☼ I Will Honor My Son, Not The Addict

Sandy Swenson

Sandy Swenson

I have the power.

The power to change the way I react to the disease of addiction.

The power to stop its destructive spread.

For too many years I was consumed by the poison my son was consuming. I snarled and yelled and argued and begged and cried; I re-negotiated the non-negotiable; I rationally discussed the irrational; and, at night, I either paced the house―holding vigil for Joey’s life―or dreamed of growing octopus arms to squash down all his problems.

There was no room in my head for anyone but Joey; that’s just what happens once an addict starts wearing a beloved child’s face.

So, while Joey was the one consuming the poison, the poison seeping into our household was passing directly through me, sneaking in on the umbilical connection. I was a carrier―the Typhoid Mary of addiction―spreading misery and destruction through our family. Helping the disease to do what it does best.

You see, for too many years, I was trying to change something that wasn’t mine to change: Joey.

The truth is, the only thing I can change is me.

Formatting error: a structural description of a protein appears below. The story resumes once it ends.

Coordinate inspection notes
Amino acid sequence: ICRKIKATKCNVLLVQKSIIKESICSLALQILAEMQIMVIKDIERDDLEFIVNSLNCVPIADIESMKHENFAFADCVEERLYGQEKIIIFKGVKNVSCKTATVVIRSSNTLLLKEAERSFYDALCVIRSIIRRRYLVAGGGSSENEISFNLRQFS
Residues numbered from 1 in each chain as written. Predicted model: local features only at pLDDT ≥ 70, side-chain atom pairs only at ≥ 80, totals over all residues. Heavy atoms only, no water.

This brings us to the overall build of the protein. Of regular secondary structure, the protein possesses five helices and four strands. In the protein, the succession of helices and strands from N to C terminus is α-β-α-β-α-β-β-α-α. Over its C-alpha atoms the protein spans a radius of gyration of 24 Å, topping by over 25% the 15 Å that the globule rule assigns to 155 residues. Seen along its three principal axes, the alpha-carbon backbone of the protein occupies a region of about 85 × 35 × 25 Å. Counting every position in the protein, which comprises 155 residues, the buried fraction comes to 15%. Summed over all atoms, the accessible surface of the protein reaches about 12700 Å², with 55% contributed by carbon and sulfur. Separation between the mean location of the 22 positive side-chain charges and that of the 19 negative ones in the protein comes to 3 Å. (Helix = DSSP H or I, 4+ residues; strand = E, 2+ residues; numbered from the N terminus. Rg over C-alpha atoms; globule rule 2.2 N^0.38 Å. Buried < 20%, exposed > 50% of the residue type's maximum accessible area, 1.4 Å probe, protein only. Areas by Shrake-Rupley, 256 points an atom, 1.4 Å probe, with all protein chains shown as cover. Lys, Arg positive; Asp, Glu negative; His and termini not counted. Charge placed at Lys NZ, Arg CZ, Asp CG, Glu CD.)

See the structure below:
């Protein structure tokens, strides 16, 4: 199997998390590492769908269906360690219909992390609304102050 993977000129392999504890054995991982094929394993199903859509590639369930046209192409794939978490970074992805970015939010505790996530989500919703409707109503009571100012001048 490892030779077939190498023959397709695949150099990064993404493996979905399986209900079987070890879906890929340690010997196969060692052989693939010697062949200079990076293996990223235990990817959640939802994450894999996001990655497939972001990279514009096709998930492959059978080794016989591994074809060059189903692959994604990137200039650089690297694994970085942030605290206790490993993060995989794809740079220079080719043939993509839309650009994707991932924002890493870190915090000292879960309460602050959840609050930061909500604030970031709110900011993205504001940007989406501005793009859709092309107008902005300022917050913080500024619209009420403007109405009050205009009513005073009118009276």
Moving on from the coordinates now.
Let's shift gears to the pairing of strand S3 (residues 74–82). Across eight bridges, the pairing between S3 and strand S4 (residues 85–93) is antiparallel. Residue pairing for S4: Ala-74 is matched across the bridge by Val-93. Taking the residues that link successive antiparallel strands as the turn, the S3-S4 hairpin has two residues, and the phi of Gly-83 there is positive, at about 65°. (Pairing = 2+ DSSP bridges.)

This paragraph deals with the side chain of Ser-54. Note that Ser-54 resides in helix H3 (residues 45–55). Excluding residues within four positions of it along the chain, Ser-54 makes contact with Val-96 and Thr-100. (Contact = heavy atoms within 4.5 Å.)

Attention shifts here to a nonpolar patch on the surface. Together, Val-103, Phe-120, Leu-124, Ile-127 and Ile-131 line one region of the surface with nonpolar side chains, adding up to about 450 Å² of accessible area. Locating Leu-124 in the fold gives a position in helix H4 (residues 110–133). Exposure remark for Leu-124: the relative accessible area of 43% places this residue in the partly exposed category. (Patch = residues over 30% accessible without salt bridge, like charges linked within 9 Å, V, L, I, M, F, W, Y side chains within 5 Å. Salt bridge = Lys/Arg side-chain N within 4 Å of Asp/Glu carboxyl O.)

(And that has real power.)

Addiction is horrible enough without me making it worse, so I’m done with that. There will be no more ripping apart of hearts and lives―not by my actions (or my neglect). Not by my words, thrown around like poison darts. I will not blame or argue. I will not get sucked into dramas or force issues that don’t belong to me. I will protect my boundaries, making room in my head for all the people I love. I will be calm not crazed. I will be positive. I will have reasonable expectations. I will change the tune and change the dance; I will change my family’s chance. This doesn’t mean I don’t care. Or don’t hurt. Or won’t cry. It just means I will fill the hole in my life where Joey should be with goodness, not badness. Kindness, not madness.

I will honor my son with my words and my actions―not the addict.

The destructive spread of the disease of addiction stops with me.

The Joey Song: A Mother’s Story of Her Son’s Addiction  is available in bookstores and libraries.